Integrating with GitLab Community and GitLab Enterprise
You can configure IBM Engineering Workflow Management (EWM) to link GitLab commits to EWM work items by configuring post-receive hooks or webhooks in GitLab. You can also configure preconditions and permissions for push operation by configuring pre-receive hooks in GitLab.
Before you begin
About this task
Unless otherwise noted, all topics in this section apply to both GitLab Community and GitLab Enterprise editions.
To enable linking work items to commits, you configure post-receive hooks or webhooks in GitLab, so that after a push operation completes, a commit link is created in the EWM work items mentioned in the commit message.
You can define permissions for Push operations based on the role of the user in EWM and configure preconditions for Push operations.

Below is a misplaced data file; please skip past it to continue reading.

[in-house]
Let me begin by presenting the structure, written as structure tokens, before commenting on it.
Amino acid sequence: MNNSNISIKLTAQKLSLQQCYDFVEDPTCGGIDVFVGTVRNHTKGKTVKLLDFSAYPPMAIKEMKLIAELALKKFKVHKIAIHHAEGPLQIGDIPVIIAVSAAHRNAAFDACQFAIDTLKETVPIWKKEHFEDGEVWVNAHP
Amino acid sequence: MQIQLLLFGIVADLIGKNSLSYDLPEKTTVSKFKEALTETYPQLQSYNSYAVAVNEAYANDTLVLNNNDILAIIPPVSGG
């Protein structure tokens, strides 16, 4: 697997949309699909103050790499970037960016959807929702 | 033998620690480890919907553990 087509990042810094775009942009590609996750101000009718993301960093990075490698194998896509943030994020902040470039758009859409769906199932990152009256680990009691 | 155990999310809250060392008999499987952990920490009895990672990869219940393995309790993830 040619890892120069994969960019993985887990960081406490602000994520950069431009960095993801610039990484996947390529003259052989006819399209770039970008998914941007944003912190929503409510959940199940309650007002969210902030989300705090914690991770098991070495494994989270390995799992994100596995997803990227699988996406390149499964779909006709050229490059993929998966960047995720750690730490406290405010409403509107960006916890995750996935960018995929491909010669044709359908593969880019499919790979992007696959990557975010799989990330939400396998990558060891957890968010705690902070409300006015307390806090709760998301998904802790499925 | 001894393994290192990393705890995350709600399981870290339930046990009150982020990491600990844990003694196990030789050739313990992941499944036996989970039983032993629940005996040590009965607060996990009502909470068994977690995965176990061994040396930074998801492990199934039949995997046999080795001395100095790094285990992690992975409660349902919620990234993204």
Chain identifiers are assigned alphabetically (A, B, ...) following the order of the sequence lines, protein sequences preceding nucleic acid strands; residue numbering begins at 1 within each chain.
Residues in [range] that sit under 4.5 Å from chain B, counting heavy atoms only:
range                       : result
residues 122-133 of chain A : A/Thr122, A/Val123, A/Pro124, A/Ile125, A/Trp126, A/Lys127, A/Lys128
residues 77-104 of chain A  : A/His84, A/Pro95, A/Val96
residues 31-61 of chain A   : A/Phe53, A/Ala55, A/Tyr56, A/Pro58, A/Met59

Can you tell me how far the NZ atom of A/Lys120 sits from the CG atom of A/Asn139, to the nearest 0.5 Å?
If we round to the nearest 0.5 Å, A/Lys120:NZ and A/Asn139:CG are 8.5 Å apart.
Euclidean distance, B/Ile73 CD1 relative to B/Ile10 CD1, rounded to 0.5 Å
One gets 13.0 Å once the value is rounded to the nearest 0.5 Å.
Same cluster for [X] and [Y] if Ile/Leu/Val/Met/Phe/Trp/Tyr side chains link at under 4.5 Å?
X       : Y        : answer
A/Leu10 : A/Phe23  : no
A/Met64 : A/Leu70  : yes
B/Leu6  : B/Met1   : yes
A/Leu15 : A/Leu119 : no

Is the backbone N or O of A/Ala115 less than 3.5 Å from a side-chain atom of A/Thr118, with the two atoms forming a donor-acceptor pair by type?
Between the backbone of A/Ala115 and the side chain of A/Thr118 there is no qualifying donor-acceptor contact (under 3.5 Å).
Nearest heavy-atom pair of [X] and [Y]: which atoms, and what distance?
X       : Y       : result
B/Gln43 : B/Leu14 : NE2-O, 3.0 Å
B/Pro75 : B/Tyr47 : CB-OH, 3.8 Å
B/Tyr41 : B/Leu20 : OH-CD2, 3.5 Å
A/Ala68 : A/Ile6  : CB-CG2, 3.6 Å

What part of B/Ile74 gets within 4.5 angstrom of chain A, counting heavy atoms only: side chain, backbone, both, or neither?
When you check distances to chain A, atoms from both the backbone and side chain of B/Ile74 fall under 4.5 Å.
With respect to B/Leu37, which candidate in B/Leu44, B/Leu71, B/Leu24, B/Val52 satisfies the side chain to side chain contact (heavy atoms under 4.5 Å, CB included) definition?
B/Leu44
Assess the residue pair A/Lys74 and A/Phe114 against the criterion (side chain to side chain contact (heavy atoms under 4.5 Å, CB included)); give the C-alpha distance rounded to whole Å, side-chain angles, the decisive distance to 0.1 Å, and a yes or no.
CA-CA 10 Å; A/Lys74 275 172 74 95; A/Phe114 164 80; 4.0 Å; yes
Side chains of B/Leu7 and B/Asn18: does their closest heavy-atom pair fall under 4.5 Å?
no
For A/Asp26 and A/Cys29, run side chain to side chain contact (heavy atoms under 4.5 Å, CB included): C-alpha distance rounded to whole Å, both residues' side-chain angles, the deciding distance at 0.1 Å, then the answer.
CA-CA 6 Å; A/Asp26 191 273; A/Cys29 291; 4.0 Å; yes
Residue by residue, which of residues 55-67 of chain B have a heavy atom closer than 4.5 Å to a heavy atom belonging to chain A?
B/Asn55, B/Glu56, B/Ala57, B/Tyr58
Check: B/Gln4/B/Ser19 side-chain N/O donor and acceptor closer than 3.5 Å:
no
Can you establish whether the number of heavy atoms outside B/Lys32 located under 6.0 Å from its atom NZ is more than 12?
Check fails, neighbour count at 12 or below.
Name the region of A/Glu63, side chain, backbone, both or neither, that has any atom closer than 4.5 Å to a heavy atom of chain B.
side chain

For process support, GitLab and EWM should share a user base, like a common LDAP. For linking work items to Git commits, a shared user base is not mandatory and a EWM functional user can be used.
You can capture a commit discussion from GitLab in all the EWM work items that are mentioned in the commit message using GitLab webhooks. By default, the content of the commit discussion is captured in the work items that are referenced in the commit message. Formatting is not preserved. If you disable replication of content in work items, then only a link to the commit discussion is added to the work items mentioned in the commit message. Attachments are not copied into work items.
You can add a comment in a GitLab issue or commit discussion which references a EWM work item and have that comment captured in EWM the work item by using GitLab webhooks. By default, the content of the comment is added to the work item without formatting. If you disable replication of content in work items, then only a link to the issue comment or commit discussion comment is added in the work item. Attachments are not copied into work items.